Isochrony and rhythmic interaction in ape duetting
Raimondi, T., Di Panfilo, G., Pasquali, M., Zarantonello, M., Favaro, L., Savini, T., Gamba, M., & Ravignani, A.
Isochrony and rhythmic interaction in ape duetting. Proceedings of the Royal Society B: Biological Sciences, 290
: 20222244. doi:10.1098/rspb.2022.2244.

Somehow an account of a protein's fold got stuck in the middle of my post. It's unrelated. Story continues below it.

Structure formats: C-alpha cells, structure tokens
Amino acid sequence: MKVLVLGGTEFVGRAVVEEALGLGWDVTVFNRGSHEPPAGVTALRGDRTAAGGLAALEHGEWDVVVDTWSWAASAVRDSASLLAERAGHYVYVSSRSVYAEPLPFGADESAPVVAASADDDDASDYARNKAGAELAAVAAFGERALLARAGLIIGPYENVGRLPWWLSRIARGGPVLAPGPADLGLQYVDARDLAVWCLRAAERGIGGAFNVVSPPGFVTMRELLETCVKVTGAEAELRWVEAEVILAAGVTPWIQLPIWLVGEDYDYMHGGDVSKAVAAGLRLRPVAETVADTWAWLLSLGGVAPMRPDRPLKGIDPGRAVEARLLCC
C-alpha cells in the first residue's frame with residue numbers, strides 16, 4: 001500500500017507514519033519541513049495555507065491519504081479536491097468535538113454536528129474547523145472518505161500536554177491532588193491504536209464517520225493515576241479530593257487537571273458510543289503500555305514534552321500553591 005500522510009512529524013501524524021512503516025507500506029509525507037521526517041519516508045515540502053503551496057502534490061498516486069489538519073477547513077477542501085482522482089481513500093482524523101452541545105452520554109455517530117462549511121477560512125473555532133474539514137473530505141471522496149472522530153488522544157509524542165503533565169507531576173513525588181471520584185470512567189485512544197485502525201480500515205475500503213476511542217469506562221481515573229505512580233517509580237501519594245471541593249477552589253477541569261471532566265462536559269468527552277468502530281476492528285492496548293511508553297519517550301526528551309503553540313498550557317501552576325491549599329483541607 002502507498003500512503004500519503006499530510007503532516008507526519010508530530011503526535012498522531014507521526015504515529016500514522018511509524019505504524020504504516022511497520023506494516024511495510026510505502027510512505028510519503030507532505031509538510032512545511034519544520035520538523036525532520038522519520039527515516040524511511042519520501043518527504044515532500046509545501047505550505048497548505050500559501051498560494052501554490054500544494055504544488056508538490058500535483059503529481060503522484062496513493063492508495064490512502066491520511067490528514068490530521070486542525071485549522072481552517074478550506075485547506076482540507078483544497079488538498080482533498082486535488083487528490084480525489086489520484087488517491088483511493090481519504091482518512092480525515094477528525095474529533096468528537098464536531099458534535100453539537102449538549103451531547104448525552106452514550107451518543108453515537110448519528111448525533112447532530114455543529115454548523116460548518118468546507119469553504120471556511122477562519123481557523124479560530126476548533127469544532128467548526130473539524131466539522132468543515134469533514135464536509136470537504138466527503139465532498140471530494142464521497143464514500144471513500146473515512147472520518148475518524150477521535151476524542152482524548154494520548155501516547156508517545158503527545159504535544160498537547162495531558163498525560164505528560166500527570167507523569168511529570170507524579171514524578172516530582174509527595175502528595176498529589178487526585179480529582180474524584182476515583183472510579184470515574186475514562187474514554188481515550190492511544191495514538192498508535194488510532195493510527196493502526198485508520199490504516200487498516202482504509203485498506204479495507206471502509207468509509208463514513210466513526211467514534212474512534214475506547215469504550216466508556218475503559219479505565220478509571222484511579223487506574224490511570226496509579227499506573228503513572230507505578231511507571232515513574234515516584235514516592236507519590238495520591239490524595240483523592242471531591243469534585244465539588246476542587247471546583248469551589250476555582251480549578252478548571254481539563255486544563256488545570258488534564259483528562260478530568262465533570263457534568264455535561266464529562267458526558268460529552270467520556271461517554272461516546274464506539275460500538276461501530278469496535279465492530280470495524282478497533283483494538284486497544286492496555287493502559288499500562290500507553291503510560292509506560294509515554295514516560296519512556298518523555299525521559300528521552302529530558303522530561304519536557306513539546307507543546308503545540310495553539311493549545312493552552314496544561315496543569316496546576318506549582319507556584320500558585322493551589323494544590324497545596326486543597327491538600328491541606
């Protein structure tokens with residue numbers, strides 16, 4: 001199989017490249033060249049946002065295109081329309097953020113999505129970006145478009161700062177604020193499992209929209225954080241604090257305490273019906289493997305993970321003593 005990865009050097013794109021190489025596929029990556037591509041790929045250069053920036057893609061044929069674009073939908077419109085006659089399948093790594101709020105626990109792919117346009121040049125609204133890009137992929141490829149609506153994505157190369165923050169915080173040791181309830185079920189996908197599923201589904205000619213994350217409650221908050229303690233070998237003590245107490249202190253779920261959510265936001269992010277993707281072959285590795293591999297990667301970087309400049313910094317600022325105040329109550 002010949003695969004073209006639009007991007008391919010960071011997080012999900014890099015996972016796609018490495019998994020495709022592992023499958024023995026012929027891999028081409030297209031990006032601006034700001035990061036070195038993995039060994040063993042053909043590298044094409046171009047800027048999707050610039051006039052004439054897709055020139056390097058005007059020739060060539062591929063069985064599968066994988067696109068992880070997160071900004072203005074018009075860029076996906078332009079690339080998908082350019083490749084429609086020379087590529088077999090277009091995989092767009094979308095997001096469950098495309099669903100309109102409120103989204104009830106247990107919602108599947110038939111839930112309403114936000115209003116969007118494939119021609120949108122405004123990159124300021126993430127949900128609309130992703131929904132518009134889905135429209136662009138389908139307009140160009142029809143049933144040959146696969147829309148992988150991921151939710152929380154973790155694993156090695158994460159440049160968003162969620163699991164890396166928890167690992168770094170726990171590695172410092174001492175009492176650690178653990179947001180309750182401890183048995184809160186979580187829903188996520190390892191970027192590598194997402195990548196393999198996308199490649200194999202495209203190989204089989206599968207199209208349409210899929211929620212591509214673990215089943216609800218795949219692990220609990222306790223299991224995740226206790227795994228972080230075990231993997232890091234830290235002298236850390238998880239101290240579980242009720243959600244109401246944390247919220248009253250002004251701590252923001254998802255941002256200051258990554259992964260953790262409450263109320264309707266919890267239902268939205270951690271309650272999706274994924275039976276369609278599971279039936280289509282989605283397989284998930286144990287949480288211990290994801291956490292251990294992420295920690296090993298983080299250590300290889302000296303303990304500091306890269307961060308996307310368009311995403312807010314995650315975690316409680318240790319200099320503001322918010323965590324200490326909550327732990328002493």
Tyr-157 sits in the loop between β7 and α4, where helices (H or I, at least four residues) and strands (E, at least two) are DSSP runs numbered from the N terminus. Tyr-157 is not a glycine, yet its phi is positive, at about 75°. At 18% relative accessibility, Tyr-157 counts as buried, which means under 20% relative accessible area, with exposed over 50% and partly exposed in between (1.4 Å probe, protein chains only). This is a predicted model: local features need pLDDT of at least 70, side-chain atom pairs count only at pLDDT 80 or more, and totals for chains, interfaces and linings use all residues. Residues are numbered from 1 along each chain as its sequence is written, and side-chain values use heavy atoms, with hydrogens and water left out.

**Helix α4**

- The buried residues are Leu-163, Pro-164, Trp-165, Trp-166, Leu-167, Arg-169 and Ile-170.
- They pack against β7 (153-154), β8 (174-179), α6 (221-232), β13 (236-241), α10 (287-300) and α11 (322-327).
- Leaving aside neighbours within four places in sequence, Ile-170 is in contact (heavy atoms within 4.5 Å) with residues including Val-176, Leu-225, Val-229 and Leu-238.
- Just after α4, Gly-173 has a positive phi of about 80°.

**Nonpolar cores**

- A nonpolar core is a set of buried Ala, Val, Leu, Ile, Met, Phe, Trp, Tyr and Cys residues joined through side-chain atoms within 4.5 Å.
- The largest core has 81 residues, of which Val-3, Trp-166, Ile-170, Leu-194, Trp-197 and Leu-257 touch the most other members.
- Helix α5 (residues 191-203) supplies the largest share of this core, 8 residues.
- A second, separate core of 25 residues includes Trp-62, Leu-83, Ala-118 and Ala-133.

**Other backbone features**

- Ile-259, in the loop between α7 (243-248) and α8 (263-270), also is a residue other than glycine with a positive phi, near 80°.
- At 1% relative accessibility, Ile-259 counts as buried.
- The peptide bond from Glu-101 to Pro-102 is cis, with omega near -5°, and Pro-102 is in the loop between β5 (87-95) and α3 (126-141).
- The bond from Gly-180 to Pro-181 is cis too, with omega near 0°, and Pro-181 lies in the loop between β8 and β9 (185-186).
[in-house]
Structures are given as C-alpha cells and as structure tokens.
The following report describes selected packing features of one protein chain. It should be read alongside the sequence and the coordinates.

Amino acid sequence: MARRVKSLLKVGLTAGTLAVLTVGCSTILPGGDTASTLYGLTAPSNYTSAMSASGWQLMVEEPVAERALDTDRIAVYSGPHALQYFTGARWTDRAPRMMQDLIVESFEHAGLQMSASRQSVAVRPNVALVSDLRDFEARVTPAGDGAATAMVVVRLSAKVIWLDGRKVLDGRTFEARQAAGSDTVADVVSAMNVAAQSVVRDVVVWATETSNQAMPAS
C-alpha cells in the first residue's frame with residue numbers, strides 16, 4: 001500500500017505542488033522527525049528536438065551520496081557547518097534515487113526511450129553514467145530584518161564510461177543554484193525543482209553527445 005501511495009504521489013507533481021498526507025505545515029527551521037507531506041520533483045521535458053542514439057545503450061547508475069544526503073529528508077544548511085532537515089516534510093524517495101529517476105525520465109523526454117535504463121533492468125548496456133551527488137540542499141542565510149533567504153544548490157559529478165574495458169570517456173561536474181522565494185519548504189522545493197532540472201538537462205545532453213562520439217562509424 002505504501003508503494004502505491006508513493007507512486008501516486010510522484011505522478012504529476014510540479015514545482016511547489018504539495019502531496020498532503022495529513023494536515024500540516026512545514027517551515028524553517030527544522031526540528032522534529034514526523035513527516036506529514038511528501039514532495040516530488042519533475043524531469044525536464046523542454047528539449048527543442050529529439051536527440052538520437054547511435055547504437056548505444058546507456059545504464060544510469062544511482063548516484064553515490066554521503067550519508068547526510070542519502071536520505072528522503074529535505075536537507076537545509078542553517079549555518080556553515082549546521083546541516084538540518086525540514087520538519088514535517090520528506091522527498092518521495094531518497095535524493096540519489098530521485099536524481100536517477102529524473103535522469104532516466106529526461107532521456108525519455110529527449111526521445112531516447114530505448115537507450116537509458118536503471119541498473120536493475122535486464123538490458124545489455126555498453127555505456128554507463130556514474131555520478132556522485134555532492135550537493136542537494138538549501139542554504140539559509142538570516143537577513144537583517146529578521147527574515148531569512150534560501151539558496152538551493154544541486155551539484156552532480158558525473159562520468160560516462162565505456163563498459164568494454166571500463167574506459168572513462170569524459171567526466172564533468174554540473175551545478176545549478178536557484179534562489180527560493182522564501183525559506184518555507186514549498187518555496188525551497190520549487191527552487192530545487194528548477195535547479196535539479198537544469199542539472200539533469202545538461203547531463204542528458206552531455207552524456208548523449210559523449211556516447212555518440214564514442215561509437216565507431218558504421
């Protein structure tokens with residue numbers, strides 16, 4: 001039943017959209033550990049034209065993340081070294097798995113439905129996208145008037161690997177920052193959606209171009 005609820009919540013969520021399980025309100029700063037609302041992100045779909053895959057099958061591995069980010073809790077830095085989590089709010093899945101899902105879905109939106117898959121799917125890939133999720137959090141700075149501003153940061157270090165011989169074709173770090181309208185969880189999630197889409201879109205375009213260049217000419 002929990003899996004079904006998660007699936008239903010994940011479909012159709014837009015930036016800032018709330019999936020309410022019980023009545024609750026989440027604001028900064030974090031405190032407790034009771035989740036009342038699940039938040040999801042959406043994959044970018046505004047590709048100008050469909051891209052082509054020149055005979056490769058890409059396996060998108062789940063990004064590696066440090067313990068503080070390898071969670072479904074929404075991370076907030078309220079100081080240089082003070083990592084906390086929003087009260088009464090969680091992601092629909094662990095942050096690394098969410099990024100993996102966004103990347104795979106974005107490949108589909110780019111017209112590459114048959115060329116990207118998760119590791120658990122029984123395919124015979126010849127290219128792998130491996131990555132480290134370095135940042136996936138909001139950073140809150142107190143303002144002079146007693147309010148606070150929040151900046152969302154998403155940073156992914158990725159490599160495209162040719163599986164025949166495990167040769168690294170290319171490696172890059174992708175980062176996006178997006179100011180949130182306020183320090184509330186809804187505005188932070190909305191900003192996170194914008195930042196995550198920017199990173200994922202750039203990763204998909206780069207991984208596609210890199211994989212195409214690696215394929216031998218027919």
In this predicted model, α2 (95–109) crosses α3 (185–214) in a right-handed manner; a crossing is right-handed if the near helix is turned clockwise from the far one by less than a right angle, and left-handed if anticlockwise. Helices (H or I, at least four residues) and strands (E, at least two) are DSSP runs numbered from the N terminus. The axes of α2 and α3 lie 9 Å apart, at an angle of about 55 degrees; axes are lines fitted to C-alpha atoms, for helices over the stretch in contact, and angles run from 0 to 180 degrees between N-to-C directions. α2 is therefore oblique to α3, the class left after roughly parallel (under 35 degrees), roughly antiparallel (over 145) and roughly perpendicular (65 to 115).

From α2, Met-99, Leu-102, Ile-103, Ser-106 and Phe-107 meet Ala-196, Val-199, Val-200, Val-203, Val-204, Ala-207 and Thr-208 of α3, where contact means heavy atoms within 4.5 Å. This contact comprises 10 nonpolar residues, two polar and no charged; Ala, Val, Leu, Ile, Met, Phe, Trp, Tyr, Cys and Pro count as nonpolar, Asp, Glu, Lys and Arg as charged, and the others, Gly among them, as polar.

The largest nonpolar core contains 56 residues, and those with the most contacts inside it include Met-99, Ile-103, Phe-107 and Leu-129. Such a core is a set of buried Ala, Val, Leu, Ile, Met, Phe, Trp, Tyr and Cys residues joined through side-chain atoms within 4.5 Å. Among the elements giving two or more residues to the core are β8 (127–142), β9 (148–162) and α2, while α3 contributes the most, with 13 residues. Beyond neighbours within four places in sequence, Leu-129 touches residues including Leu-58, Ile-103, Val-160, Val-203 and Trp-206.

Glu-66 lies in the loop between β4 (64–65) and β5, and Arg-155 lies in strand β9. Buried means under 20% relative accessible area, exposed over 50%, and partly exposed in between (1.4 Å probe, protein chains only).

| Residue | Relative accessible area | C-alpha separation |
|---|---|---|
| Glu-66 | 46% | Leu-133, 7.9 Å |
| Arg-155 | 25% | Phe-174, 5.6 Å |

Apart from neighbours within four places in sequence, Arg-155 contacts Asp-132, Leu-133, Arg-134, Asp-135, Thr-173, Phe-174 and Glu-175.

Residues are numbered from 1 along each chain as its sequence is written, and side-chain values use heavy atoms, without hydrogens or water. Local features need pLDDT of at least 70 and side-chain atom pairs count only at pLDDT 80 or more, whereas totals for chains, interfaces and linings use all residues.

How did rhythm originate in humans, and other species? One cross-cultural universal, frequently found in human music, is isochrony: when note onsets repeat regularly like the ticking of a clock. Another universal consists in synchrony (e.g. when individuals coordinate their notes so that they are sung at the same time). An approach to biomusicology focuses on similarities and differences across species, trying to build phylogenies of musical traits. Here we test for the presence of, and a link between, isochrony and synchrony in a non-human animal. We focus on the songs of one of the few singing primates, the lar gibbon (Hylobates lar), extracting temporal features from their solo songs and duets. We show that another ape exhibits one rhythmic feature at the core of human musicality: isochrony. We show that an enhanced call rate overall boosts isochrony, suggesting that respiratory physiological constraints play a role in determining the song's rhythmic structure. However, call rate alone cannot explain the flexible isochrony we witness. Isochrony is plastic and modulated depending on the context of emission: gibbons are more isochronous when duetting than singing solo. We present evidence for rhythmic interaction: we find statistical causality between one individual's note onsets and the co-singer's onsets, and a higher than chance degree of synchrony in the duets. Finally, we find a sex-specific trade-off between individual isochrony and synchrony. Gibbon's plasticity for isochrony and rhythmic overlap may suggest a potential shared selective pressure for interactive vocal displays in singing primates. This pressure may have convergently shaped human and gibbon musicality while acting on a common neural primate substrate. Beyond humans, singing primates are promising models to understand how music and, specifically, a sense of rhythm originated in the primate phylogeny.